THE RIVALS OF SHERLOCK HOLMES (1971-1973) – The Rivals of Sherlock Holmes was not just a collection of stories by mystery writers who were contemporaries of Arthur Conan Doyle but also a television series which adapted such mysteries. Just as Holmes’ tales were set during the Victorian and Edwardian Eras so, too, were the stories of these detectives. The series lasted two seasons of 13 episodes each and presented the best non-Holmes London-by-Gaslight Detectives.
Episode One: A MESSAGE FROM THE DEEP SEA
Detective: Doctor John Evelyn Thorndyke, created by R Austin Freeman. The first Thorndyke story was published in 1907.
Review: In my opinion this is the best episode of Season One. Thorndyke, like Doyle’s Sherlock Holmes, was miles ahead of the contemporary police in terms of Crime Scene Investigation. In both the Holmes AND Thorndyke mysteries there is a quasi-science fiction feel as those great fictional detectives use scientific methods disdained at the time but which are now commonplace in the solving of crimes.
The episode introduces us to Dr John Evelyn Thorndyke (John Neville), a forensic physician/ Police Surgeon of the era, as he is teaching a classroom of students. (Kind of a Quincy opening feel.) He is assisted by Dr Jervis (James Cossins), Thorndyke’s version of Dr Watson.
A former student of Thorndyke’s shows up requesting his former teacher’s help in his first big murder case as an Assistant Police Surgeon. Our star and his man Jervis accompany their former student to a brothel on Harrow Street, where a prostitute has been murdered in her bed by having her throat slashed.
Sadly, their journey across fog-bound London is obviously filmed on an interior set due to the low budget and, in fact, every episode of this series suffers from the same “sitcom lighting” as other BBC (but not ITV) programs of the era.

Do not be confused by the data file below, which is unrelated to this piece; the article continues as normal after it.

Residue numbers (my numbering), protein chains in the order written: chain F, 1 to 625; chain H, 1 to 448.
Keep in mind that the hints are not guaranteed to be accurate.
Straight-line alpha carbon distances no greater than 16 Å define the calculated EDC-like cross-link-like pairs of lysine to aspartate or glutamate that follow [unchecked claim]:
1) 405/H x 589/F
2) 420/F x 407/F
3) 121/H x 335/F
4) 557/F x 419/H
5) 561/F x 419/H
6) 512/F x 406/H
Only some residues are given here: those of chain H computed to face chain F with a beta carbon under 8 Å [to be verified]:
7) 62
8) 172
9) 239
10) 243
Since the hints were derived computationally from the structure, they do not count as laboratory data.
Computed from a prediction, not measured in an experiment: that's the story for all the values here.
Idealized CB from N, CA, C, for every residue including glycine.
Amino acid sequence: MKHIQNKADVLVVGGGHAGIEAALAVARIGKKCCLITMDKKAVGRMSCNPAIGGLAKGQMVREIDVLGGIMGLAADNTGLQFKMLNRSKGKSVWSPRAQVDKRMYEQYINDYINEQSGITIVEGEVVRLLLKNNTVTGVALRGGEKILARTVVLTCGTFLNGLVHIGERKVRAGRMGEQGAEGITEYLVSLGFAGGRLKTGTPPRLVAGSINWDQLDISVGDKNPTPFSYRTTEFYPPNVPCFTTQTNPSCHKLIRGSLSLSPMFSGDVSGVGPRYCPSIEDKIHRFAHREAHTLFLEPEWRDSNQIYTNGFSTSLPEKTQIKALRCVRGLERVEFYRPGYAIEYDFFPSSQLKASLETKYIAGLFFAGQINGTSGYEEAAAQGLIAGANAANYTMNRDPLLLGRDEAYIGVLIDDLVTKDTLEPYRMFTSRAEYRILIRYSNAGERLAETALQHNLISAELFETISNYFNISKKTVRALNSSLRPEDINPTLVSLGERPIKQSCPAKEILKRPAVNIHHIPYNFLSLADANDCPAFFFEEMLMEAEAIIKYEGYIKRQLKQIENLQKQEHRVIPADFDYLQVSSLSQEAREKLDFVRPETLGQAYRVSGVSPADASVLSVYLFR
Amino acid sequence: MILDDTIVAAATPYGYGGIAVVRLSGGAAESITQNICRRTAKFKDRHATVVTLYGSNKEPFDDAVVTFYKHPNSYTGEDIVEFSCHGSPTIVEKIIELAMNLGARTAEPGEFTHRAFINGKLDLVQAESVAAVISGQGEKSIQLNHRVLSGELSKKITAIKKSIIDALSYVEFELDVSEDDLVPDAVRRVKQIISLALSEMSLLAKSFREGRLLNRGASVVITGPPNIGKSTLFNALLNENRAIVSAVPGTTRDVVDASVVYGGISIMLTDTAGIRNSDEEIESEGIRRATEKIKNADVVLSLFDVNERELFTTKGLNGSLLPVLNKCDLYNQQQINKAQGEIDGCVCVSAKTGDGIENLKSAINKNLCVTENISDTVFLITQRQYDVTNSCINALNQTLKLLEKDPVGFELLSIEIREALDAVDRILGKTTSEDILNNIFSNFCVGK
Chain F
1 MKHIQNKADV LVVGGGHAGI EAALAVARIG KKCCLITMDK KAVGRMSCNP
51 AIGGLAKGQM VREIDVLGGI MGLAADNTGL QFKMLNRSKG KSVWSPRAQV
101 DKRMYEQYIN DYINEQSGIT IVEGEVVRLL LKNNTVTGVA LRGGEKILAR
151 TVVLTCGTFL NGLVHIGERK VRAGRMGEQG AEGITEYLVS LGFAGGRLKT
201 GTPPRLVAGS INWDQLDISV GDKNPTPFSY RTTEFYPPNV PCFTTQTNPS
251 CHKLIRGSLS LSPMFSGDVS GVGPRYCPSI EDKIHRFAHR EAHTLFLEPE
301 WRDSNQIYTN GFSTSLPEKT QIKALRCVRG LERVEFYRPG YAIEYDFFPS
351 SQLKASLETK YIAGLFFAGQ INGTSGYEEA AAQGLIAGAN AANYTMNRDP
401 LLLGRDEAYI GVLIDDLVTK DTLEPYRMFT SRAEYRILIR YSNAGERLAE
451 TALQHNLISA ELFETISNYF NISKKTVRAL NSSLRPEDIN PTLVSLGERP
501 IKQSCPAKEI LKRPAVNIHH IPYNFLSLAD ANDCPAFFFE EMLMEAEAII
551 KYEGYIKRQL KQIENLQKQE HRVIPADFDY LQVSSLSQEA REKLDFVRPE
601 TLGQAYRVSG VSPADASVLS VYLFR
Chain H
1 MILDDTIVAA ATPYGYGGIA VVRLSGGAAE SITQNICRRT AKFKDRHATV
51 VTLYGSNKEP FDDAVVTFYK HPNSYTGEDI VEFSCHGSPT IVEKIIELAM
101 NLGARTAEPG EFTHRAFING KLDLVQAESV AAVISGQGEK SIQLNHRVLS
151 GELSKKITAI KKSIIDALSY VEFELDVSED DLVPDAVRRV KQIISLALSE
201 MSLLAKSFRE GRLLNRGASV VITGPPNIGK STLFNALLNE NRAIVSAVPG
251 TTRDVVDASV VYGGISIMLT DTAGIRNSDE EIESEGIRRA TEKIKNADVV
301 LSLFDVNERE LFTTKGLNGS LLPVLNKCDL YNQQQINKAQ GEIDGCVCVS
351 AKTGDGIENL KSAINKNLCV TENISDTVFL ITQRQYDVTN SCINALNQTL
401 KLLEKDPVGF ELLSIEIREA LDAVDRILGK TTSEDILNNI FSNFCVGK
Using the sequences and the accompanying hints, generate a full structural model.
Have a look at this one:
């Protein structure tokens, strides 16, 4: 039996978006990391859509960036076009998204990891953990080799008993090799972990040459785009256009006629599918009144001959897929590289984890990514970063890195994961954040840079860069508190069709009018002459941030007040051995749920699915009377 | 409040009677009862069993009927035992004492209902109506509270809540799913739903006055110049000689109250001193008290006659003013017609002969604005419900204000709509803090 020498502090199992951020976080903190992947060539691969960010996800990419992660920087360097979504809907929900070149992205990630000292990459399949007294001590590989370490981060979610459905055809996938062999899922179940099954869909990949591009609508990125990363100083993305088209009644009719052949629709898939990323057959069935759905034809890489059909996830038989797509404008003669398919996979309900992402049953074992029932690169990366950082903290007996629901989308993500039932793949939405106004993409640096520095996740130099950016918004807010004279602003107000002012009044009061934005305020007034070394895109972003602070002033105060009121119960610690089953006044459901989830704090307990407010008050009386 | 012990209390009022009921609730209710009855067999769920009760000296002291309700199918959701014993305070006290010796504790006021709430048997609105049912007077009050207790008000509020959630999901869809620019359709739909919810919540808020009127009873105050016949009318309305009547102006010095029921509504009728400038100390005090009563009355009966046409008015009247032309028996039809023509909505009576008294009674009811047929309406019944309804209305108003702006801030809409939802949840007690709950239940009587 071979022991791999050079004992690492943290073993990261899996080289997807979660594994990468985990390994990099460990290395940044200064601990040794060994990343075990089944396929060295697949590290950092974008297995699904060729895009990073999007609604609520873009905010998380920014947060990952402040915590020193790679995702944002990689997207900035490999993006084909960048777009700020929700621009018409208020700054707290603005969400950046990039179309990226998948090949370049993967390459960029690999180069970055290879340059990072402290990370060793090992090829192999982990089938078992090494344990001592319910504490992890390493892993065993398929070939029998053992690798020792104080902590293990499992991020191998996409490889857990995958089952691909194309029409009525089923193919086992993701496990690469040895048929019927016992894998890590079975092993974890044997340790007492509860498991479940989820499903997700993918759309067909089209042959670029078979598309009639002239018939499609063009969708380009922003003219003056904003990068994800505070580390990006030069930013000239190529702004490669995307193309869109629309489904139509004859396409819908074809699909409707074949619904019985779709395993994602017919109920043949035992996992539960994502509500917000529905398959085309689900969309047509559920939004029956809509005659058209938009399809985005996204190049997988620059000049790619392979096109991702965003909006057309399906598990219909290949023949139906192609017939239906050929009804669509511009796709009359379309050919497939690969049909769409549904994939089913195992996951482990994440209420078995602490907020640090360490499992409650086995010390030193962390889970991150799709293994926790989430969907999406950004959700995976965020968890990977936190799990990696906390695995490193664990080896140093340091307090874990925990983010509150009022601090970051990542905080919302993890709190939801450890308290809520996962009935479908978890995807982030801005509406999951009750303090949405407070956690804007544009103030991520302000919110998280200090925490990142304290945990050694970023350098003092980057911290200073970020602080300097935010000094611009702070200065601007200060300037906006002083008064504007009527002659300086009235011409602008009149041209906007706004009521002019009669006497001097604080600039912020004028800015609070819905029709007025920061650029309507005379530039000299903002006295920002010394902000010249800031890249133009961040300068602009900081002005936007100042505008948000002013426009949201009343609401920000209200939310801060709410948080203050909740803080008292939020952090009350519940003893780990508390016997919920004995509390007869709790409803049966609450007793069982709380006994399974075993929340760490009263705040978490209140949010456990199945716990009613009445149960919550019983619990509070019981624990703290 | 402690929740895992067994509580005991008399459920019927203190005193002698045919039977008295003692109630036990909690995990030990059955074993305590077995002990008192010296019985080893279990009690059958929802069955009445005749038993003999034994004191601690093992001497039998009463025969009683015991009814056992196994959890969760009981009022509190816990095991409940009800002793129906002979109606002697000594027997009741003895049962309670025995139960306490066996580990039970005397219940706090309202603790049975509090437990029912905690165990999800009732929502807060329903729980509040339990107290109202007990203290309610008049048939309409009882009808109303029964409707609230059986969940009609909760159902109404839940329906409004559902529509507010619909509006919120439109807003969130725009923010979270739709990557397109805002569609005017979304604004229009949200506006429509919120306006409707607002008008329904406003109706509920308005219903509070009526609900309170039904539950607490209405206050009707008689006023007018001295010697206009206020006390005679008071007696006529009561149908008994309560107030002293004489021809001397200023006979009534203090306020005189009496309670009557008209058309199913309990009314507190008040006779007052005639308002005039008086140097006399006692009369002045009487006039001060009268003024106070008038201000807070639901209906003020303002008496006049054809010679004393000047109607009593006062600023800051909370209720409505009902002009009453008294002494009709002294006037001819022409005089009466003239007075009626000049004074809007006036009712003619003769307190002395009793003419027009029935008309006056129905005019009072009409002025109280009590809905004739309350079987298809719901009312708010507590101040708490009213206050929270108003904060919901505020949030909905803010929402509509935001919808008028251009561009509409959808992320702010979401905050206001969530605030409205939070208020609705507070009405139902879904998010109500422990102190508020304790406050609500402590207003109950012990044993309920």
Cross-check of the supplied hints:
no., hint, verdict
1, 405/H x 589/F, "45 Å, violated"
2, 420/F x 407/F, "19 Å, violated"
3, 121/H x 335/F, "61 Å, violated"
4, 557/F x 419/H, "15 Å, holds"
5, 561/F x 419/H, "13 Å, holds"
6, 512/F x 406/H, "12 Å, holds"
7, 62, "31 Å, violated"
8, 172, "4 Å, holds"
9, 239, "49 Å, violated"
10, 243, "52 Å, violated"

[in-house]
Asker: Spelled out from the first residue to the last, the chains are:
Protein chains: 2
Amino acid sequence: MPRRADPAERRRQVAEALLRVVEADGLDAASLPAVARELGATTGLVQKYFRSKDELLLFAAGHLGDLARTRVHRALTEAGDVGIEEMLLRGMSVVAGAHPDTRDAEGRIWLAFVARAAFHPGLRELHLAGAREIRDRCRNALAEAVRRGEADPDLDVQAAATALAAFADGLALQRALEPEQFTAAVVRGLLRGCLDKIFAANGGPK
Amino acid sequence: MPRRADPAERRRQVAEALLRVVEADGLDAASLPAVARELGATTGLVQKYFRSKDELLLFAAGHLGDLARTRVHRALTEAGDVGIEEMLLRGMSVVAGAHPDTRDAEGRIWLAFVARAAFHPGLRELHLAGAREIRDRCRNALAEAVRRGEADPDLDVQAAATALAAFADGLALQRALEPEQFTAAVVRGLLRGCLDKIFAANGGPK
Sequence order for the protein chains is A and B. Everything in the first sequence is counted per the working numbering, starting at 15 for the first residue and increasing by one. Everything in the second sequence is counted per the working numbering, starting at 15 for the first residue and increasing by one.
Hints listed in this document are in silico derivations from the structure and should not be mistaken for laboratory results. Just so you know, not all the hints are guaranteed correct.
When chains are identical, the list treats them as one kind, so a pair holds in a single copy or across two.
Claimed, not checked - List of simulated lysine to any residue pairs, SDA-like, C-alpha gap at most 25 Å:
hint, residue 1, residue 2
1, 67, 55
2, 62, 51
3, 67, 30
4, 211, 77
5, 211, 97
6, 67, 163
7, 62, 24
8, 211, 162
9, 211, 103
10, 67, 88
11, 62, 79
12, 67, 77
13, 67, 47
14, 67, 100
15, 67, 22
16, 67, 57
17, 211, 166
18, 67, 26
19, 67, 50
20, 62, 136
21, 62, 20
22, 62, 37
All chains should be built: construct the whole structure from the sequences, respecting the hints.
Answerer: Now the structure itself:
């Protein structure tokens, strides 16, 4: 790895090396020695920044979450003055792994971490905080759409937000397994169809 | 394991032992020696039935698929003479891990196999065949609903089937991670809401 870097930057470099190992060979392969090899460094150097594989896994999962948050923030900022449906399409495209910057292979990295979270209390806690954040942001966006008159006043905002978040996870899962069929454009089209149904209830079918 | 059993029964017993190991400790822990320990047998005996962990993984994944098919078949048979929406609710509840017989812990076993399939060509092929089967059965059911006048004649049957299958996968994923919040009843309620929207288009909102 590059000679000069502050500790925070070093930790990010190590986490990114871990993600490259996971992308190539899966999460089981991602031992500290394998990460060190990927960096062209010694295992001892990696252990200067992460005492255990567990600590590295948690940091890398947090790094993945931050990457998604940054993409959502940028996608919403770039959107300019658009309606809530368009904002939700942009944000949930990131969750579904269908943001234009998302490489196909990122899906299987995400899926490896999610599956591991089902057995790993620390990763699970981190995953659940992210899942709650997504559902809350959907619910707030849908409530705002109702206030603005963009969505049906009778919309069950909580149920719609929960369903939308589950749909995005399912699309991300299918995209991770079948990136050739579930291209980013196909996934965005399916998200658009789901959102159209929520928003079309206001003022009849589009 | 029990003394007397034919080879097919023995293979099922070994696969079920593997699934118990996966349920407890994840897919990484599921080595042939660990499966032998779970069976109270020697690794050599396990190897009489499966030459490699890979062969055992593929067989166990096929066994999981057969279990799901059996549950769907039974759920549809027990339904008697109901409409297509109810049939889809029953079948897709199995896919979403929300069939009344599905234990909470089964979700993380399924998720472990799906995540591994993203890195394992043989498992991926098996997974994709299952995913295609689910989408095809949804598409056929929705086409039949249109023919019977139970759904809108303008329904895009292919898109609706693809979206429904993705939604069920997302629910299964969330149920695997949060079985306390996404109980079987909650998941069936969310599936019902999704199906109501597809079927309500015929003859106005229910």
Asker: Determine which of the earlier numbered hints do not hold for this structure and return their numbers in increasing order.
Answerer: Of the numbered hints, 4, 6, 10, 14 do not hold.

John Neville doesn’t get the credit he deserves these days for his depiction of Doctor Thorndyke, but we should remember this performance came over a decade BEFORE Jeremy Brett would finally provide a screen Sherlock Holmes who acted like the character did in the original stories.
Neville’s performance is sometimes dismissed as “Sherlock Holmes Lite” but that’s more a fault of the character Thorndyke’s derivative nature as an imitation Holmes, not any shortcoming on Neville’s part.
Just as Jervis is Thorndyke’s Watson stand-in, the good doctor also has a stand-in Sam from Quincy in the form of Polton (Frank Mills). Polton is our hero’s live-in lab assistant (don’t go there) whose abilities he respects far more than those of the long-suffering Jervis.
Thorndyke’s rivals from Scotland Yard are the officious and snooty Dr Davidson (Bernard Archard) and the intellectually lazy Detective-Sergeant Bates (Terence Rigby). Our main character also has an ally at the Yard in the form of Superintendent Miller (Edward Dentith).
The writing, the chemistry between Neville and Cossins, plus the painstaking period detail – including a Coroner’s Inquest under procedures very different than our own – all manage to elevate this episode. Without this triumph of execution over premise A Message From The Deep Sea would be annoyingly unoriginal. Just remind yourself this was PRE-Brett.
Fans of Sandbaggers will enjoy seeing Ray Lonnen in a supporting role as one of the many suspects in the woman’s murder. +++
I’ll review the next episode soon. Keep checking back.
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